5 Replies Latest reply on Jun 5, 2010 5:05 PM by ralvy

    Script step(s) to cause a button click?

    ralvy

      Title

      Script step(s) to cause a button click?

      Post

      Is there a way for a script step, or series of script steps, to cause a button to execute? I need the button to run its associated script, instead of just using a PerformScript step. I need this because I need the script to cause a Resume of a Paused script, and there's no script step to do this.

       

      What's happening here is that the script performs certain actions in a modal window. If certain conditions are met, I want the script to close the modal window, otherwise I want the modal widow to remain active.

        • 1. Re: Script step(s) to cause a button click?
          FentonJones

           

          I think you pretty much need to have another button, in the "modal" window, with the option "Halt" exiisting script. Because your "modal" window is a Loop, Pause [ indefinitely], End Loop, right?

           

          As you say, there is no script step to explicitly "Resume" running script. 

           

          One thing that is interesting is that the Pause/resume script step changes to "Resume" automatically if you are using a Custom Menu, and want to reassign a FileMaker command (like block Print when you're in a Print script, paused on a layout to Preview before printing). I guess "Resume" is the only thing that makes sense in a Custom Menu. But that doesn't help you, as the problem is that you're inside a Loop, and no buttons work.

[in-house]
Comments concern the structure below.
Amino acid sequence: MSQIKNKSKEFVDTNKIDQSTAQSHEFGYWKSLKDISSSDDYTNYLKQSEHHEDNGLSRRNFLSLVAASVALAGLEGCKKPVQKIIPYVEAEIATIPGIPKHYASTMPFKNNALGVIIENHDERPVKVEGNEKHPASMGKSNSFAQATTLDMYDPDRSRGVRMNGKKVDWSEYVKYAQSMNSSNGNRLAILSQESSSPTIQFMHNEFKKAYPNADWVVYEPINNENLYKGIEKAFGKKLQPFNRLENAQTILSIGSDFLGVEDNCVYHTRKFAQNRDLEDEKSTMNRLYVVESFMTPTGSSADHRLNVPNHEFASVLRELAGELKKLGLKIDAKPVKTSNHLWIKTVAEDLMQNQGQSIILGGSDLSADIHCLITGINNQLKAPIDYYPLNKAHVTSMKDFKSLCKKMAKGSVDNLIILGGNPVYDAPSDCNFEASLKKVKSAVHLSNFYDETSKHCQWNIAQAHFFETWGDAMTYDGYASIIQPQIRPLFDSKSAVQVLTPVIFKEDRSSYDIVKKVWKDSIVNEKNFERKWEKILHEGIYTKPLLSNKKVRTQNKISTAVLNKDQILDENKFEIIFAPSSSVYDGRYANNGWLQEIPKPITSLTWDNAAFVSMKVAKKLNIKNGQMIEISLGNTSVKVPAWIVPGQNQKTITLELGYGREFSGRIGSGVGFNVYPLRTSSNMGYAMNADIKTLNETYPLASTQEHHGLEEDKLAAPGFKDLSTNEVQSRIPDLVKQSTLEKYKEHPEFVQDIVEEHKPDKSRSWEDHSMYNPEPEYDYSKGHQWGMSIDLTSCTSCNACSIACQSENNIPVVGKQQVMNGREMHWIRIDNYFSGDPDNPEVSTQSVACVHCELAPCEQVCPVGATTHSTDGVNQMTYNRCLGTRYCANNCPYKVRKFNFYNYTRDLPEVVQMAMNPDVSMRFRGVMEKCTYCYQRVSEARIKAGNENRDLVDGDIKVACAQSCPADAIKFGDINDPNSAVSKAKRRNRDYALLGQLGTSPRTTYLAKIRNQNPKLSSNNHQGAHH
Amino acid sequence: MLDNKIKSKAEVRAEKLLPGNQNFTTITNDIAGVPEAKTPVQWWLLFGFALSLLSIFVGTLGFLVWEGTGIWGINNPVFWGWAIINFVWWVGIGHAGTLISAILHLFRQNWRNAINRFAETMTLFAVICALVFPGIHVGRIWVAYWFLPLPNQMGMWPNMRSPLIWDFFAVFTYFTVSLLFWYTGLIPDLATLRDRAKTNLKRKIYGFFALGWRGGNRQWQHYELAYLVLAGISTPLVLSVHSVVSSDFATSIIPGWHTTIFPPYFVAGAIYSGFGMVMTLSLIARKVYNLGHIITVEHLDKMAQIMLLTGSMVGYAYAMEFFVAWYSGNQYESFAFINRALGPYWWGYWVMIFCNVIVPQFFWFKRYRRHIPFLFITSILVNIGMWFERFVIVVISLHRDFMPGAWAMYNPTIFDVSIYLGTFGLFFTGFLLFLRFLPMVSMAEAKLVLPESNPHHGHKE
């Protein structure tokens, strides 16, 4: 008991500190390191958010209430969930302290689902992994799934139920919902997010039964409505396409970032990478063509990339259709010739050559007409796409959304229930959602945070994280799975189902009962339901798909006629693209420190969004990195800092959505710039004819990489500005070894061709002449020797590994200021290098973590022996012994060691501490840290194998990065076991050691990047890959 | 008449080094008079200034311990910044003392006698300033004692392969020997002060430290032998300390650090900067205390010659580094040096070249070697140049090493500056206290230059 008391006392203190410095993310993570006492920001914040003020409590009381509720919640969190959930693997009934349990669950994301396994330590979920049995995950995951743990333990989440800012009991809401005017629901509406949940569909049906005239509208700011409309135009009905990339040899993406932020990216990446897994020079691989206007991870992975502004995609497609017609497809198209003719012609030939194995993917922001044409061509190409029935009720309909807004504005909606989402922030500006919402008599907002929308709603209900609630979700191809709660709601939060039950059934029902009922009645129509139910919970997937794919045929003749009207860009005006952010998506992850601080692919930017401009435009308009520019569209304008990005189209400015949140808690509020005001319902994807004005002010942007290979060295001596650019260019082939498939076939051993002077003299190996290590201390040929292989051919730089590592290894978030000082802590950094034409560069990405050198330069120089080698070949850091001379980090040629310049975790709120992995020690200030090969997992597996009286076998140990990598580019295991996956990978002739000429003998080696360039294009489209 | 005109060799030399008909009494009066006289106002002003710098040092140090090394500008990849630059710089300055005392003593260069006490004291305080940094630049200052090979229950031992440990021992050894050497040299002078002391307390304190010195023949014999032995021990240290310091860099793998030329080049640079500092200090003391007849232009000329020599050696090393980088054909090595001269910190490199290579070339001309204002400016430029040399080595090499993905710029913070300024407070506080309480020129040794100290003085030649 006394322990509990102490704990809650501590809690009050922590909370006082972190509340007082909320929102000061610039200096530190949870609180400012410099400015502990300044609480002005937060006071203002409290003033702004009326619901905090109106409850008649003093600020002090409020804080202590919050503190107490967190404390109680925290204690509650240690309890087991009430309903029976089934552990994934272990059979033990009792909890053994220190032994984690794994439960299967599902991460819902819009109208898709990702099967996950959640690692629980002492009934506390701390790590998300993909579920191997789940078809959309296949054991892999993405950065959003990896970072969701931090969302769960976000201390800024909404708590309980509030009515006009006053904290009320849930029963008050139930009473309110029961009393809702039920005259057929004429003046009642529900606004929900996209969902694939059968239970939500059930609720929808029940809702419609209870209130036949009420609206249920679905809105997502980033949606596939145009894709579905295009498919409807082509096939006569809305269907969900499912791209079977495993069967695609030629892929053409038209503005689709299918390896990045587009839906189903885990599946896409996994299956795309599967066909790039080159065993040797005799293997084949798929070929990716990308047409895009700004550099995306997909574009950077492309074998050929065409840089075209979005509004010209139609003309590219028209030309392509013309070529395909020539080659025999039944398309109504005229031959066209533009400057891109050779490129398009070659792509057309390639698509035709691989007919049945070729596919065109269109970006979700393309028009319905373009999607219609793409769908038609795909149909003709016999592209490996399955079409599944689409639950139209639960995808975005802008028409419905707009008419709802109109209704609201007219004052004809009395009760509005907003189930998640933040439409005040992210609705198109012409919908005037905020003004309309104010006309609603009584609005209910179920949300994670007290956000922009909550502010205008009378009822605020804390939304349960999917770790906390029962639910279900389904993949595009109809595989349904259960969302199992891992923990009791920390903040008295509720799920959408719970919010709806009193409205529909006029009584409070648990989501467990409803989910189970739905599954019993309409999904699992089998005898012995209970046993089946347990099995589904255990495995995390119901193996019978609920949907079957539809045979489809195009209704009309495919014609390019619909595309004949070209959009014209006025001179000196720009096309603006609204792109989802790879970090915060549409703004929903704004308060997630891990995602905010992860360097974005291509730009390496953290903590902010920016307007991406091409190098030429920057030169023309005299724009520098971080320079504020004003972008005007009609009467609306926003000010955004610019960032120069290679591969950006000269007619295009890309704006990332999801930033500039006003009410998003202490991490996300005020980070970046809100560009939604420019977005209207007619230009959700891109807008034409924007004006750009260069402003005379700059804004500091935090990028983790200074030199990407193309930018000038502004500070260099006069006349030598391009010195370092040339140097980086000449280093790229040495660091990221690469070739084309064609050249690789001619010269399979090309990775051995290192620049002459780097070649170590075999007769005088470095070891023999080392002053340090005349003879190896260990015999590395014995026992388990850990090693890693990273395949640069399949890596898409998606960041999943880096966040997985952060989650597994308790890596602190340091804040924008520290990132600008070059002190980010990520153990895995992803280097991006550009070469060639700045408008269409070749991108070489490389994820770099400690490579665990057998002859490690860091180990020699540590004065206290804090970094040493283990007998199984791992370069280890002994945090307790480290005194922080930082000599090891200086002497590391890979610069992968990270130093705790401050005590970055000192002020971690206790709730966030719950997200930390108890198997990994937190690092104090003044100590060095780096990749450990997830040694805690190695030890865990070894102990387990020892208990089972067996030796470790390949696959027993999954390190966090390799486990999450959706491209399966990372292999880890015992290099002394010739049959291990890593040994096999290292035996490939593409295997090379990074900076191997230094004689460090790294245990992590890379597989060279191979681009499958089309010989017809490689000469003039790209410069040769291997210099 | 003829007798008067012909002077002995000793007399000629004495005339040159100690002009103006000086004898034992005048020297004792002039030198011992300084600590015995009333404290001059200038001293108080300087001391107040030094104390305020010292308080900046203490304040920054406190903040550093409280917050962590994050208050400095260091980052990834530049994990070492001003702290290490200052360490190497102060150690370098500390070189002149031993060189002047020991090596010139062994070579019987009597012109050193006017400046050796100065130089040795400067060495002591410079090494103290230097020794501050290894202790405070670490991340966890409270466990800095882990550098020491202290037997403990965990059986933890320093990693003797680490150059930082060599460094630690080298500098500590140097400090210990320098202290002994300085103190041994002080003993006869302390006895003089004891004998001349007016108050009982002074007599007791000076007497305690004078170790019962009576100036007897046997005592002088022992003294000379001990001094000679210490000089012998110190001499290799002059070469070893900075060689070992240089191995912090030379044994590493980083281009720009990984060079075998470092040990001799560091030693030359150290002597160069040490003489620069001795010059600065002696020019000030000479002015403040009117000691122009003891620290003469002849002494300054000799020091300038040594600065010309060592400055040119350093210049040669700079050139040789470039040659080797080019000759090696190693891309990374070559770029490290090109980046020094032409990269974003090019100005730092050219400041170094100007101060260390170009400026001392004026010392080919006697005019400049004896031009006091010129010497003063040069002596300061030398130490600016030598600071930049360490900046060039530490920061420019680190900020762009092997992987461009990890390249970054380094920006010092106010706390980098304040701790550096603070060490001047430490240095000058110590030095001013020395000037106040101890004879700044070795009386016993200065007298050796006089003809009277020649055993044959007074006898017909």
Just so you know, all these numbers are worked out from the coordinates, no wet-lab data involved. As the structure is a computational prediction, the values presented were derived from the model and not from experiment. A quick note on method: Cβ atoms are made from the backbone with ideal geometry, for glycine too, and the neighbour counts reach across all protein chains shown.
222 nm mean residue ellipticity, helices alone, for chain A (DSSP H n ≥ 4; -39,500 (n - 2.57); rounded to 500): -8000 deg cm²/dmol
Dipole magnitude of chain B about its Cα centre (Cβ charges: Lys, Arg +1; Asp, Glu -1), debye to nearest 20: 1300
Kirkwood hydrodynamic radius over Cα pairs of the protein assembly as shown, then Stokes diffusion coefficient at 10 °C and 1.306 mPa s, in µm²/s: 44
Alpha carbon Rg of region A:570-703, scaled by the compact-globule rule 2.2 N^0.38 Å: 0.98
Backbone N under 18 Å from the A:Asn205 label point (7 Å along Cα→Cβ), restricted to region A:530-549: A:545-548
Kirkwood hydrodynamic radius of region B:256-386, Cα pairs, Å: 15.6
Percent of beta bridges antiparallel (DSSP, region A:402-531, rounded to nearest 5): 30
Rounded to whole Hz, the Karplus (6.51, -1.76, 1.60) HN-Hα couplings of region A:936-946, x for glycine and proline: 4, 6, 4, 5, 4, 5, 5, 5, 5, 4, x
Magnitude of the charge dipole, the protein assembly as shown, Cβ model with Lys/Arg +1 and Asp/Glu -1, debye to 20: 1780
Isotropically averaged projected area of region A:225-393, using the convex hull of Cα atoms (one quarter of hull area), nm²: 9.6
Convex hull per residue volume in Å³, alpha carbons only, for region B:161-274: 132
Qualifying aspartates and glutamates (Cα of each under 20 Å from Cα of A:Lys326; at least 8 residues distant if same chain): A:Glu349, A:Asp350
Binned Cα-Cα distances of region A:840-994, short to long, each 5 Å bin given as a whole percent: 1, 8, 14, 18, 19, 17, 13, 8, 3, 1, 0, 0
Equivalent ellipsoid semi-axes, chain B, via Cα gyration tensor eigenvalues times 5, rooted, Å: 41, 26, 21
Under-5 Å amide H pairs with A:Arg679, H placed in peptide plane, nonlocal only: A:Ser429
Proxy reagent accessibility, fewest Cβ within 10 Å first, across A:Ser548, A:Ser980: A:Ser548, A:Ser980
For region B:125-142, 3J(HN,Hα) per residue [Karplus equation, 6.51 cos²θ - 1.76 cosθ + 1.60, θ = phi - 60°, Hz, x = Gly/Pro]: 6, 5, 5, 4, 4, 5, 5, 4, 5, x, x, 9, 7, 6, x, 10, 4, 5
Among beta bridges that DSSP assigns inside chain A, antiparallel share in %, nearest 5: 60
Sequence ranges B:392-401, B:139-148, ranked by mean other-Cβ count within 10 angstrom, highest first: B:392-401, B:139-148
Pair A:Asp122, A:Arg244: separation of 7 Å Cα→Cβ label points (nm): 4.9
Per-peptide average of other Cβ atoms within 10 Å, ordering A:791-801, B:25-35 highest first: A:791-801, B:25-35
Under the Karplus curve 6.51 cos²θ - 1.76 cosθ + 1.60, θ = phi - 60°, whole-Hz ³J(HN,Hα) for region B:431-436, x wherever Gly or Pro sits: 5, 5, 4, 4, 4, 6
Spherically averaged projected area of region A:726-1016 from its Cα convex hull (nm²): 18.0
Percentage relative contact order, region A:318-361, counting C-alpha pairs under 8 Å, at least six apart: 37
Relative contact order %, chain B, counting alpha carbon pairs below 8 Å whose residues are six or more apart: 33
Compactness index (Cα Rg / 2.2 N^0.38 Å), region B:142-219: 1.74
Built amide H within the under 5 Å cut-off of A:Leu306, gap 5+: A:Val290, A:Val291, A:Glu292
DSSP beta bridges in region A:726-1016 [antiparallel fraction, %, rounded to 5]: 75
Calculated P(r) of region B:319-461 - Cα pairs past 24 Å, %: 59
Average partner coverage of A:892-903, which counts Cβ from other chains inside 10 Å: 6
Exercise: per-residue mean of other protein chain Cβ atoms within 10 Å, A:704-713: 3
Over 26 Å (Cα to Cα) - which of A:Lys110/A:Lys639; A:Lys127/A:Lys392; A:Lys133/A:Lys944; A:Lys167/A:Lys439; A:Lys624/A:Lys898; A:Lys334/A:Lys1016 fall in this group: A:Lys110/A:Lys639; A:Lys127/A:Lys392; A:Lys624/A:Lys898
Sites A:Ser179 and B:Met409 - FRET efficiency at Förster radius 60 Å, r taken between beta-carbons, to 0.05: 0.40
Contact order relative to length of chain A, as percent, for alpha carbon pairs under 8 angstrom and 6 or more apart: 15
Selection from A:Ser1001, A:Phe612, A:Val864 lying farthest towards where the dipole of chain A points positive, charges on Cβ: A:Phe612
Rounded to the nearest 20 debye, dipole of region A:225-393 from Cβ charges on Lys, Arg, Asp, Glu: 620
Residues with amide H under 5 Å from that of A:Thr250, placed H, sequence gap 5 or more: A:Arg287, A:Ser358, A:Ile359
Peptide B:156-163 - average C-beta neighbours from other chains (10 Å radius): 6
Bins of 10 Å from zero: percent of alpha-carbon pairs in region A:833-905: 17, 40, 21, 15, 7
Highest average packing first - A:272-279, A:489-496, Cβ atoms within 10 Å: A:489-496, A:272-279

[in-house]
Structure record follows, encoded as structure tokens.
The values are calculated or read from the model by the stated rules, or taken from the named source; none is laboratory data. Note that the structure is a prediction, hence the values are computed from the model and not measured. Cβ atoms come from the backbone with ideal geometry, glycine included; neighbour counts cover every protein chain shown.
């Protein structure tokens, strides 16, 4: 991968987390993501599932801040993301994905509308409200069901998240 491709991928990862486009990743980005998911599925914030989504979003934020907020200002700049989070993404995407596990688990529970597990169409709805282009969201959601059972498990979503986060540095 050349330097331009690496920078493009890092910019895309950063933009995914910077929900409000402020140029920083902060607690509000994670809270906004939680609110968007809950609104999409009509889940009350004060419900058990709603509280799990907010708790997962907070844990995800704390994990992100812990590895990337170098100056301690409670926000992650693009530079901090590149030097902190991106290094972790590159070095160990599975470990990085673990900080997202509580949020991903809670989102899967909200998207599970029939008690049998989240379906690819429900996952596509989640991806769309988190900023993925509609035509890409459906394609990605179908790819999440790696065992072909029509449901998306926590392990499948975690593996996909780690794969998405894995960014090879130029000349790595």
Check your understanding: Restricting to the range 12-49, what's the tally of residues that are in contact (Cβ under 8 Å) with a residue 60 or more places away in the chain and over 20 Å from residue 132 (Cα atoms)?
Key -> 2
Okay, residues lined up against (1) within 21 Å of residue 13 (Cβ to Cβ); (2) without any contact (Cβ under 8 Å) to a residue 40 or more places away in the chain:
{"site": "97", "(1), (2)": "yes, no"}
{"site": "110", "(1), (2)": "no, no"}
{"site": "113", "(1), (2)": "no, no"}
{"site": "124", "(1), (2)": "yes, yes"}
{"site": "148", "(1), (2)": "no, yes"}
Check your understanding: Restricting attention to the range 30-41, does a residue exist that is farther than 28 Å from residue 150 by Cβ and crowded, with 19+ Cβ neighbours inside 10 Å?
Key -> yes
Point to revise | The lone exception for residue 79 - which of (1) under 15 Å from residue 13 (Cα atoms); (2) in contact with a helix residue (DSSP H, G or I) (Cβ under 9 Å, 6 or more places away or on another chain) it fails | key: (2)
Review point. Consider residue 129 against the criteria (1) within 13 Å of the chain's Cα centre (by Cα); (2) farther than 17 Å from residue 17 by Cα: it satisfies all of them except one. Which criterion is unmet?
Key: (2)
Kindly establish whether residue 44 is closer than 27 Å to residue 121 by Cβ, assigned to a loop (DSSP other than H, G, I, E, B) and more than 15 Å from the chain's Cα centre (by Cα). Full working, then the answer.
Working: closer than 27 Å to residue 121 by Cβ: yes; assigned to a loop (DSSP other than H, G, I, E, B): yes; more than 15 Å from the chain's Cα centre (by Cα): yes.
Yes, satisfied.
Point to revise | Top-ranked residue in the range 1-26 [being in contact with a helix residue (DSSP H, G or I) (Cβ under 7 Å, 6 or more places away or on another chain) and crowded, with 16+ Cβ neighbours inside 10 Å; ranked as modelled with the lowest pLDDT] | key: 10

• 2. Re: Script step(s) to cause a button click?
            mrvodka

            Although indeed there is no way to make the button itself fire, there may be some kind of trickery done that runs Install On Timer to run a script and then Halt your child script. However, I am not sure how you area planning on envoking the script while in the modal window. Script Trigger? Could you further elaborate on this?

            • 3. Re: Script step(s) to cause a button click?
              ralvy

              Well, here's what I finally ended up doing. The problem I was working around is that the modal window is in List View. I have a Delete button that appears in each record row. I wanted that button to close the modal window if the last record is deleted from that List View, otherwise errant tapping of the white recordless screen real estate with the mouse causes the infamous Filemaker warning message that you need to create a new record, etc. But the Delete script is supposed to not close the modal window if this isn't the last record being deleted. So I need the script to close the modal window when the last record is deleted, and resume the calling script; otherwise leave the window alone. But scripts can't do this. I was relying on the user not tapping on the recordless display (or at least not getting confused with the warning message that tapping causes), and immediately click on the Close Window button, which closes the windows and resumes the calling script.

               

              So this is what I ended up doing this afternoon. I created a duplicate layout that has no body, and appears in Form View. I have the Delete script navigate to that layout if the FoundCount is 0. It has the same Close Window button as the original List View layout. To the user, there's no difference in the two layouts, other than one having no records displayed. Now when they errantly tap on the layout with no records, they don't get that silly message.

              • 4. Re: Script step(s) to cause a button click?
                comment_1

                You could set your Delete button to resume current script, and make the Delete script:

                 

                Delete Record

                If [ Get (FoundCount) ]

                Pause Script [ Indefinitely ]

                End If

                • 5. Re: Script step(s) to cause a button click?
                  ralvy

                  Ah ha! That works. I don't need the extra layout now. Thanks.